The light rail extension will be funded using 50 percent federal grant money, 25 percent state money and 25 percent city money.
But the city is also considering building a streetcar that would link eastern Charlotte to the city’s west side.
Rep. John Torbett, R-Gaston, said legislators were caught off guard by the streetcar proposal.
“We were getting mixed signals from the mayor about what priorities were,” he said.
Torbett said the state has to maximize benefits for all N.C. residents — using limited funds.
“The state is wondering, ‘If the city does indeed raise the money for the streetcar extension, then why are you asking us for $180 million for the Blue Line extension?’” said Charlotte city council member Andy Dulin.
The light rail project would cost the city $926 million, about $37.5 million per mile.
Some city council members have proposed raising property taxes to generate money for the streetcar — an idea particularly unpopular with McCrory and Dulin.
“As a Republican and as someone who has worked with McCrory, I am fighting it with everything I can because I do not want to raise taxes,” Dulin said.
Council member John Autry said the streetcar would provide transportation certainty to local developers.
The city needs to be proactive and demonstrate its commitment to the streetcar project to federal officials in order to garner financial support, he said.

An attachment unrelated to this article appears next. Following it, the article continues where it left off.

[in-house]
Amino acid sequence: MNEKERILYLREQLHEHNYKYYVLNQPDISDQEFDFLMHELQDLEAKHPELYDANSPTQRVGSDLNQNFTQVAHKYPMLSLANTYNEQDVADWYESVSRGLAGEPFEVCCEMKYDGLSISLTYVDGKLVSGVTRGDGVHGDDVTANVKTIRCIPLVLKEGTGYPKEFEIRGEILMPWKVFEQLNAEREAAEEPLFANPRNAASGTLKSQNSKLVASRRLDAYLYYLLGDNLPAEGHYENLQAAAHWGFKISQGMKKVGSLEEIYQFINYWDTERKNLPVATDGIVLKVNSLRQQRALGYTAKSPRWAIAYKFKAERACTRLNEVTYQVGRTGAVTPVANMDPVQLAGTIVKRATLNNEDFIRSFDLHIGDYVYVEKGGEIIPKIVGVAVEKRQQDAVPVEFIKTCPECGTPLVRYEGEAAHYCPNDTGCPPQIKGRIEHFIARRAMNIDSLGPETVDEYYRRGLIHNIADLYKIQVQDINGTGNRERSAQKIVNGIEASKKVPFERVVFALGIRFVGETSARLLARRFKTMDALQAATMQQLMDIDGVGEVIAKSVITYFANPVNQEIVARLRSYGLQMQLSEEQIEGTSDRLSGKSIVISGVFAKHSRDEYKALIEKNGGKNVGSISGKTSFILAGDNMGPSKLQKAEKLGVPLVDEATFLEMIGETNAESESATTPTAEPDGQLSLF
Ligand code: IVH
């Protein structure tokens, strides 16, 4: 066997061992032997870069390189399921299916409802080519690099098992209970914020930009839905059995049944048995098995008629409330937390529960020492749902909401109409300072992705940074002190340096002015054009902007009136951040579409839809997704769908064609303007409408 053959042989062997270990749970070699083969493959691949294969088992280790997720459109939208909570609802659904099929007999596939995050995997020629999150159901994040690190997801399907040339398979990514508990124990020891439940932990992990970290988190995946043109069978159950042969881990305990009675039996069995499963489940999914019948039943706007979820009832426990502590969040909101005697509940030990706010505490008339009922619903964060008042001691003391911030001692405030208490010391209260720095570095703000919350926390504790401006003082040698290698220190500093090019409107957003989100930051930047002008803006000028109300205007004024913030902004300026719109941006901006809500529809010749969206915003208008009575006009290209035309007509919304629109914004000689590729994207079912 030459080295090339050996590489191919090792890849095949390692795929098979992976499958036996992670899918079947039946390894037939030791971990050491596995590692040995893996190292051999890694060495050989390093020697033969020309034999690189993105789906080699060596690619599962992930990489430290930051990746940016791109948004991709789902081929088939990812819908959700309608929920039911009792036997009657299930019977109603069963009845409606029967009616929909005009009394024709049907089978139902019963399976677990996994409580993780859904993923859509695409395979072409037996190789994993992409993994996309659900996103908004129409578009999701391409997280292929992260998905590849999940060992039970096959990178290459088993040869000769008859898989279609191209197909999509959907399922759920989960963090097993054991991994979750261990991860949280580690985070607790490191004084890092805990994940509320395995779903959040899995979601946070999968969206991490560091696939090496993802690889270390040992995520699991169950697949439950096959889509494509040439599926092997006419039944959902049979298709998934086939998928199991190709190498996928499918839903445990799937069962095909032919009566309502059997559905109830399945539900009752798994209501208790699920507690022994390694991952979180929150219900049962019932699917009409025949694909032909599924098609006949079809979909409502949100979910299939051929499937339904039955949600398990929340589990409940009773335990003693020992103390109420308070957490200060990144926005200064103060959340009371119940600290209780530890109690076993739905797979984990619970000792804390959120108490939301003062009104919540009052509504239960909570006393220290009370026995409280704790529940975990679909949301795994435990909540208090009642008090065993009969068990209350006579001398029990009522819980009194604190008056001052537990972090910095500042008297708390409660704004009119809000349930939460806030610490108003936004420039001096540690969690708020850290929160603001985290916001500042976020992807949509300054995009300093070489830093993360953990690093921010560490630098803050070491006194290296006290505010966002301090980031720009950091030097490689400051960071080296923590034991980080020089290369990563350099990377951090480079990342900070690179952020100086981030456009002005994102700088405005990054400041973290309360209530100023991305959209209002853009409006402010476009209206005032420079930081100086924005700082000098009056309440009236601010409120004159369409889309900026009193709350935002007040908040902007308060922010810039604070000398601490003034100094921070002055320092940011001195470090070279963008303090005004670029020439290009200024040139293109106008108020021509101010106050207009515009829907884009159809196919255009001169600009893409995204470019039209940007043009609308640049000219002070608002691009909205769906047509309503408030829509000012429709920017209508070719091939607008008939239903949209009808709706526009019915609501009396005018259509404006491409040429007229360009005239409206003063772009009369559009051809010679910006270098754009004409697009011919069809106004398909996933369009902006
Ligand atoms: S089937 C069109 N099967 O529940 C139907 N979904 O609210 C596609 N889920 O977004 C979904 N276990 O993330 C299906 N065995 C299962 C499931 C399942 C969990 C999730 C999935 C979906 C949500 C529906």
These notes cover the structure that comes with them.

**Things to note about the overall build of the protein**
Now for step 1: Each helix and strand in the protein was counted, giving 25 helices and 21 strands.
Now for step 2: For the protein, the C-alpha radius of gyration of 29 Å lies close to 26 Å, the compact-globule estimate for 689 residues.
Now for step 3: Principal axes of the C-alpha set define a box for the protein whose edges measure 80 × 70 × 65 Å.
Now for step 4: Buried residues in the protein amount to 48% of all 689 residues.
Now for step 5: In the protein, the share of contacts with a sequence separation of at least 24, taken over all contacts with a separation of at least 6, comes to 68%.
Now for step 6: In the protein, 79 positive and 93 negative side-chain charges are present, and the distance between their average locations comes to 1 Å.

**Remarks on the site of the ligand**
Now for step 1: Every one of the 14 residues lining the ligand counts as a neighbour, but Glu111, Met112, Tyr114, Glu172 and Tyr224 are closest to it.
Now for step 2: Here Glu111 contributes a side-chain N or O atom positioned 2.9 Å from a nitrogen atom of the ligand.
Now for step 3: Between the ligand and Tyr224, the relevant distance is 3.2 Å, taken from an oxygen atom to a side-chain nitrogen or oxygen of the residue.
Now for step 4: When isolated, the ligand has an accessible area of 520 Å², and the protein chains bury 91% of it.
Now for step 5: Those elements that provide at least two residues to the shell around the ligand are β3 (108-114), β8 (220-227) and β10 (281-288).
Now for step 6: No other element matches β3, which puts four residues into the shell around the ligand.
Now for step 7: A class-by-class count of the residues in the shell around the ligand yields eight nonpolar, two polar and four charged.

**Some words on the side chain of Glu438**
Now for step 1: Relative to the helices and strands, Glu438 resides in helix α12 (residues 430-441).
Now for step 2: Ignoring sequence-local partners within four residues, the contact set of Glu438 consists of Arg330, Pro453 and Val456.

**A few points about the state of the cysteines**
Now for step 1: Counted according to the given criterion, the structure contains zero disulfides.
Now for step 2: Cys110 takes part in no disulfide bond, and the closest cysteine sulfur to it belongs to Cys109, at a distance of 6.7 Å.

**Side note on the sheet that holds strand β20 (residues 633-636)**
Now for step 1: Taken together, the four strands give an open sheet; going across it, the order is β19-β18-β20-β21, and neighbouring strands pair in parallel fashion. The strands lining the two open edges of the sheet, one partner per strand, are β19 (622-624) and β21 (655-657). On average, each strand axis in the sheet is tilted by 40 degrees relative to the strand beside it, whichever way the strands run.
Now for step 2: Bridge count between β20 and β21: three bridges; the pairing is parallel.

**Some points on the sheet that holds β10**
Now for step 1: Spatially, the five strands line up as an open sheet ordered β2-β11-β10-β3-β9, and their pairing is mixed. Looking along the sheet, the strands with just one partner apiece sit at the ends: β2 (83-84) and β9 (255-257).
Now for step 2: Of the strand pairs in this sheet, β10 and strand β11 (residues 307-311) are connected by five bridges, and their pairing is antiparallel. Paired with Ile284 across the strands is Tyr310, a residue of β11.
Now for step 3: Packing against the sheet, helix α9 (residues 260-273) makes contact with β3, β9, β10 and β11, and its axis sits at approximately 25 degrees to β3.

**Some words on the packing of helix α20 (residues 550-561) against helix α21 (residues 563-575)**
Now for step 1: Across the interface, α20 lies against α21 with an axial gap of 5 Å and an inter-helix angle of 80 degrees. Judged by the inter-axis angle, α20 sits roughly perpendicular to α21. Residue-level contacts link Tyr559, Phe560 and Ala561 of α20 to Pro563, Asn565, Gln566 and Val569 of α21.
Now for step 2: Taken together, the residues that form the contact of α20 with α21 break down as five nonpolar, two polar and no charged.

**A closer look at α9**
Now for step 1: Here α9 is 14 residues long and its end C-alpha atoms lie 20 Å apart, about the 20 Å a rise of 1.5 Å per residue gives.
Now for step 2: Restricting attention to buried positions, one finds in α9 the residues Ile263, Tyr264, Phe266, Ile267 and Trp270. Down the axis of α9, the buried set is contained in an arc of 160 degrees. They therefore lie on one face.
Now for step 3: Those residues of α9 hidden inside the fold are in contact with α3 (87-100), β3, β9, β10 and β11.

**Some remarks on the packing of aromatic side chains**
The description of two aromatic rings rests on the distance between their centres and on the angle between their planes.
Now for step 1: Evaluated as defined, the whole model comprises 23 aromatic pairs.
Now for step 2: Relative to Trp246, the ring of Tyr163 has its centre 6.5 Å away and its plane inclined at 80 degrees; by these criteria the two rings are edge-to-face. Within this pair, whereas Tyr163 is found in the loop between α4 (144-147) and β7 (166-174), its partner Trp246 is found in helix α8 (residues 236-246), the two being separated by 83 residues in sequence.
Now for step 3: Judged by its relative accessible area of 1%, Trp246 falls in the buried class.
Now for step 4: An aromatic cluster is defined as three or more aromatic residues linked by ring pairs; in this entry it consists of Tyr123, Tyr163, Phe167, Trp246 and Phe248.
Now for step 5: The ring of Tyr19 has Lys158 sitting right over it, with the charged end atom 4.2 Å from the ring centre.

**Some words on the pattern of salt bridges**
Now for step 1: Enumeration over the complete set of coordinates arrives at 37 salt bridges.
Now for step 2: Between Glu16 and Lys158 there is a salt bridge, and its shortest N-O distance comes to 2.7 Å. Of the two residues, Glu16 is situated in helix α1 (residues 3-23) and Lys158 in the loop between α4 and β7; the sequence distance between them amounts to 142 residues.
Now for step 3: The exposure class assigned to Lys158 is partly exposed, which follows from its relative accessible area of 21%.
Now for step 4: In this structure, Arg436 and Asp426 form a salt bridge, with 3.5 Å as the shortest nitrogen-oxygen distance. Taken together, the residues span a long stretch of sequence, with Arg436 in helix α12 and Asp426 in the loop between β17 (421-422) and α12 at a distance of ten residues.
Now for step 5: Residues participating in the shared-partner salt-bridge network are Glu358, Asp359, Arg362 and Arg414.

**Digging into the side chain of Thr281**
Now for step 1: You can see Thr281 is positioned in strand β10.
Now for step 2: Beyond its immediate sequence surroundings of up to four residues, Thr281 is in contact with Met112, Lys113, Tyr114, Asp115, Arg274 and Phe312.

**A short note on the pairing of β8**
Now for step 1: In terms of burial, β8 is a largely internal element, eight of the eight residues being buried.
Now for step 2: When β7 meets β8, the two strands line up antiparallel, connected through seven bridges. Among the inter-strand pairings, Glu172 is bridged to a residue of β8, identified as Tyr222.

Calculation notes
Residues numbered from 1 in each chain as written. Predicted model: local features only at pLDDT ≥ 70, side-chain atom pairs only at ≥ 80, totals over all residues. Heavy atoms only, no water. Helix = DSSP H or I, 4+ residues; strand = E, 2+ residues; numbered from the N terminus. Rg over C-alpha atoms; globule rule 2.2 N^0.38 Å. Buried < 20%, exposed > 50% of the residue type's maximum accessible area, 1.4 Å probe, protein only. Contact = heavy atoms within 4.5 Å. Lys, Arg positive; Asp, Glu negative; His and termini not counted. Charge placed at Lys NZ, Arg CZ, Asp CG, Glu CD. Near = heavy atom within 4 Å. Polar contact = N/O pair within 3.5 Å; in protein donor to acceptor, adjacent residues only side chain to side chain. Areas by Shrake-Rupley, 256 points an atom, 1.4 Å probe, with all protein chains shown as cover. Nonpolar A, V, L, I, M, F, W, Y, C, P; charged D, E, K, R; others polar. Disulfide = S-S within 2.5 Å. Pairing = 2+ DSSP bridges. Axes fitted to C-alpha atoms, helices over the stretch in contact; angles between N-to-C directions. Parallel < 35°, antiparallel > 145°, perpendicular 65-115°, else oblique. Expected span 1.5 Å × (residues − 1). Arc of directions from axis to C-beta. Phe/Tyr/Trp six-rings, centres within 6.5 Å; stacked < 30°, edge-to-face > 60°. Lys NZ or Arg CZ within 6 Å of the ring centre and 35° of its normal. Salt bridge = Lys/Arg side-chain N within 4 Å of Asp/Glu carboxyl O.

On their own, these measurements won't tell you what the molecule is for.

The light rail dispute is an example of recurring tensions between Charlotte and Raleigh, said Michael Bitzer, a political science professor at Catawba College.
The current conflict is project-specific, but it has likely been exaggerated because both McCrory and Speaker of the N.C. House Thom Tillis, R-Mecklenburg, hail from the Charlotte area, he said.
Bitzer said conflicts often arise when the state government tries to exert more control in local areas.
“North Carolina has a history of state involvement in local issues and policies,” he said. “This is reflective of the state dictating to local government what they can and cannot do.”
Autry said any tensions are due to miscommunication.
“It’s tough to govern Charlotte from Raleigh,” Autry said. “That’s why we don’t have one state government that’s from the beach to the mountains. That’s why we have municipalities.”
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